Full lunar eclipse delights Americas, first of year

Full lunar eclipse delights Americas, first of year
As the moon completely crosses the earth's shadow, the first of four total lunar eclipses, called the Blood Moon, occur in Whittier, Ca., USA on Tuesday, April 15, 2014. (AP Photo/Nick Ut )

Sky-gazers in North and South America were treated to a full lunar eclipse—at least those fortunate enough to have clear skies.

The moon was eclipsed by the Earth's shadow early Tuesday, beginning around 1 a.m. EDT (0500 GMT) for 5½ hours. The total phase of the eclipse lasted just 78 minutes.

For some, the moon appeared red-orange because of all the sunsets and sunrises shimmering from Earth, thus the name "blood moon."

It's the first of four eclipses this year and the first of four total lunar eclipses this year and next. The latter is a rare lineup; the next so-called tetrad of total lunar won't occur until 2032-2033. In the meantime, get ready for a in two weeks.

NASA got good news Tuesday: Its moon-orbiting spacecraft, LADEE (LA'-dee) survived the eclipse. Scientists had feared LADEE might freeze up in the cold darkness.

"Keep little LADEE in your prayers as you gaze up at the beautiful eclipsing moon late Monday night!" NASA wrote on its LADEE website prior to the eclipse.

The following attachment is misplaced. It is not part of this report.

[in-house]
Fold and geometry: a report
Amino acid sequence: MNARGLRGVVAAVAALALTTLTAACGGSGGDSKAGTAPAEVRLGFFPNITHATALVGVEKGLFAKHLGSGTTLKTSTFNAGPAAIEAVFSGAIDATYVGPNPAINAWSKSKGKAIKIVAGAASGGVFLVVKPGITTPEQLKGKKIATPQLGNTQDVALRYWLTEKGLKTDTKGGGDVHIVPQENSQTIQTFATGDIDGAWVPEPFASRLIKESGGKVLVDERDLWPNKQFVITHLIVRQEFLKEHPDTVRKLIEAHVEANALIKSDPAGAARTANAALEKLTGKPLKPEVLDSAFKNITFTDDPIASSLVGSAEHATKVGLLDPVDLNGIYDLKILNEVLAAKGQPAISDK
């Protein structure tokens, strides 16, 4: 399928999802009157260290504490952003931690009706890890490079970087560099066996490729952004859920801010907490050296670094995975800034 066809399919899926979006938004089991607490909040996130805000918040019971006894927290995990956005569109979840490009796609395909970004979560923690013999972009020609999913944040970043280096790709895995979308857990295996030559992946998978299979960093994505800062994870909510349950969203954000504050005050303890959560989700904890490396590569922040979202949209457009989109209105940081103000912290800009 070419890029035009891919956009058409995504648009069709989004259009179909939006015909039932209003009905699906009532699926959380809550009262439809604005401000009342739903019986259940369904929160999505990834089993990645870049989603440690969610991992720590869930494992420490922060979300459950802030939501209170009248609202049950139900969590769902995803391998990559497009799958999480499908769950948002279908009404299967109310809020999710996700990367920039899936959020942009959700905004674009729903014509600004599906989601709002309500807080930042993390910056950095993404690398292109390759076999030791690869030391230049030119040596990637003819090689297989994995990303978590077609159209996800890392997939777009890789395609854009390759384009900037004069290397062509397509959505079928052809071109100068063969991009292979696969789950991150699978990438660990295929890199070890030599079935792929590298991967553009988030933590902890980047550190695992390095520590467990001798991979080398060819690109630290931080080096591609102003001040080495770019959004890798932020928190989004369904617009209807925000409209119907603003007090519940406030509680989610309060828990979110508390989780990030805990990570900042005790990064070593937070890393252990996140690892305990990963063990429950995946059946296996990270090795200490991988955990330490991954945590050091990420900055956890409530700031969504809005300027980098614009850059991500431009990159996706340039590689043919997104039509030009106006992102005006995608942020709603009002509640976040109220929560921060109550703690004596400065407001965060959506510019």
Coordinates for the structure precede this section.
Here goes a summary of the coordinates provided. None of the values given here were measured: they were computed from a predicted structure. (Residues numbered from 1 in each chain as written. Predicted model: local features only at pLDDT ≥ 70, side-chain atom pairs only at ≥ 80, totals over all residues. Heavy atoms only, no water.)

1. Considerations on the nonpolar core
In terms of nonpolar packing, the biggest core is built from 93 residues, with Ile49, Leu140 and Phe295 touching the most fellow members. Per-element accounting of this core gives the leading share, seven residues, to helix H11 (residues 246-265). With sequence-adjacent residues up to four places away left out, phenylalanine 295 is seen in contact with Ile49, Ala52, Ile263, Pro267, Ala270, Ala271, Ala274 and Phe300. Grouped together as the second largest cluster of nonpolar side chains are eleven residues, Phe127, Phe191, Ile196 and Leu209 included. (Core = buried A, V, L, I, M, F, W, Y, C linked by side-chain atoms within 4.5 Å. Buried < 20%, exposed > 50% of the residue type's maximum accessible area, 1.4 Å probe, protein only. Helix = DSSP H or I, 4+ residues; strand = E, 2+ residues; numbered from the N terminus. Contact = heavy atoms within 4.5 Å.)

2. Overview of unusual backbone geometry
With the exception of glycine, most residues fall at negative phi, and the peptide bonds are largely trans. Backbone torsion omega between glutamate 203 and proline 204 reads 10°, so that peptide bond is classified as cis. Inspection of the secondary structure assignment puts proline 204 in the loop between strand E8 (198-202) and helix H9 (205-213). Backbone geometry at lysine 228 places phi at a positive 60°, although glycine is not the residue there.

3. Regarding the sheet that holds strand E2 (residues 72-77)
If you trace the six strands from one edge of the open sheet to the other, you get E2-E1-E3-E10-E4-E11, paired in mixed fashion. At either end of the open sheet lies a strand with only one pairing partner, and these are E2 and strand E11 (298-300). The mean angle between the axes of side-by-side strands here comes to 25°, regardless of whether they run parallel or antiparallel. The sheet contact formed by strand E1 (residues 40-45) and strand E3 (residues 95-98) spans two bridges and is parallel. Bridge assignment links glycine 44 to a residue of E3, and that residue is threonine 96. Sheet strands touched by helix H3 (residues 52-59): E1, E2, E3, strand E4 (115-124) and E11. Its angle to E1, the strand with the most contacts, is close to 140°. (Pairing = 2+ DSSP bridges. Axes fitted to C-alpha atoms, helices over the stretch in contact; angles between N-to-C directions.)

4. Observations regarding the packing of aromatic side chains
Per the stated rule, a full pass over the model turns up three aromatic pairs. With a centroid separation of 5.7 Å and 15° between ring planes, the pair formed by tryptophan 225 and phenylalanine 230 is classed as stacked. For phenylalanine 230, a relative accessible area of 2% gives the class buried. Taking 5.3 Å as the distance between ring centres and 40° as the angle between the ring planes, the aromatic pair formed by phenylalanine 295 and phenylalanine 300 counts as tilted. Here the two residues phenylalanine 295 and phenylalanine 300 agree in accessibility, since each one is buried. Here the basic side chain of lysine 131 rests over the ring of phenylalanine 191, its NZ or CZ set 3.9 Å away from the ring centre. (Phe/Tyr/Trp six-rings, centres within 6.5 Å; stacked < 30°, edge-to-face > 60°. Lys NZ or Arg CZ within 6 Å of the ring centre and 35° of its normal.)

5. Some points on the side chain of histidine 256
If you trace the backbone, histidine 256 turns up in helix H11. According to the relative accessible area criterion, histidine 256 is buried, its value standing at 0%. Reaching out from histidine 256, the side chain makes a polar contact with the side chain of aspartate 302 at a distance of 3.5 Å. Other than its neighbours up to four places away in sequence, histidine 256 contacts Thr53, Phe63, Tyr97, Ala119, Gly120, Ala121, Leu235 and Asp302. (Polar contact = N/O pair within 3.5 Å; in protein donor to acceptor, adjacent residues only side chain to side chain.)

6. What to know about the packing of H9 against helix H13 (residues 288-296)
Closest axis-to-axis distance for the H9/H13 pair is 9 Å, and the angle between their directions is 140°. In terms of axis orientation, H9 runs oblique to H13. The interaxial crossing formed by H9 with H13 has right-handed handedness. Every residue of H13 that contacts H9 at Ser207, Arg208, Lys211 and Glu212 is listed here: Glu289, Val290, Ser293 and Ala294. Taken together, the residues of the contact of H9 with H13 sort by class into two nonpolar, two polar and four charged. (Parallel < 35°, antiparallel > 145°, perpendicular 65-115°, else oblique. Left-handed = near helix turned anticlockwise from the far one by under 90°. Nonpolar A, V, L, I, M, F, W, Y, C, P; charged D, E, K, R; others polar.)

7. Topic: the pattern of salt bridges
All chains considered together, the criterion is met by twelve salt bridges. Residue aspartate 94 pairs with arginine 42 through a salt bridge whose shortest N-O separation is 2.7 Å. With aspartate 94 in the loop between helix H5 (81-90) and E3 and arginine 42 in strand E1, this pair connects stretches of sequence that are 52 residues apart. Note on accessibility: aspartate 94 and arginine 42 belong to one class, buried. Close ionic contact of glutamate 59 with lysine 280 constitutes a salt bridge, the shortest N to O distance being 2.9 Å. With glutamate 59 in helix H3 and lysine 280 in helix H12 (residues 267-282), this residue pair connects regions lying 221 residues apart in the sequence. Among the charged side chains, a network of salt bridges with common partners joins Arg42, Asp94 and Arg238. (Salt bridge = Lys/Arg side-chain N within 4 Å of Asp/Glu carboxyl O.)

The end is near, however, for plucky, little LADEE.

The spacecraft is circling the moon ever lower and, by Monday, is expected to crash as planned into the back side of the moon, far from any historic artifacts from the Apollo era.

Full lunar eclipse delights Americas, first of year
An airliner crosses the moon's path, Monday, April 14, 2014, above Whittier, Calif., approximately one hour before a total lunar eclipse. Then, on April 29, the Southern Hemisphere will be treated to a rare type of solar eclipse. In all, four eclipses will occur this year, two lunar and two solar. (AP Photo/Nick Ut)

LADEE—short for Lunar Atmosphere and Dust Environment Explorer—was not designed to withstand a prolonged eclipse. It completed its science-collecting mission in March and has been on overtime ever since.

NASA launched LADEE last September from Virginia.

Full lunar eclipse delights Americas, first of year
The moon turns an orange hue during a total lunar eclipse on Tuesday, April 15, 2014, in the sky above Phoenix. On April 29, the Southern Hemisphere will be treated to a type of solar eclipse. In all, four eclipses will occur this year, two lunar and two solar. (AP Photo/Ross D. Franklin)

Full lunar eclipse delights Americas, first of year
The Earth's shadow is cast over the surface of the moon as a total lunar eclipse is seen though a Magnolia tree top in the sky over Tyler, Texas at 2:57 CDT on Tuesday morning, April 15, 2014. (AP Photo/Dr. Scott M. Lieberman)

Full lunar eclipse delights Americas, first of year
This photo shows the Earth's shadow cast over the surface of the moon as a total lunar eclipse over the Chabot Space and Science Center observatory in Oakland, Calif., Tuesday, April 15, 2014. (AP Photo/Jeff Chiu)

Full lunar eclipse delights Americas, first of year
This eight picture combo shows a total lunar eclipse over Panama City, Panama, early Tuesday, April 15, 2014. Tuesday's eclipse is the first of four total lunar eclipses that will take place between 2014 to 2015. (AP Photo/Arnulfo Franco)

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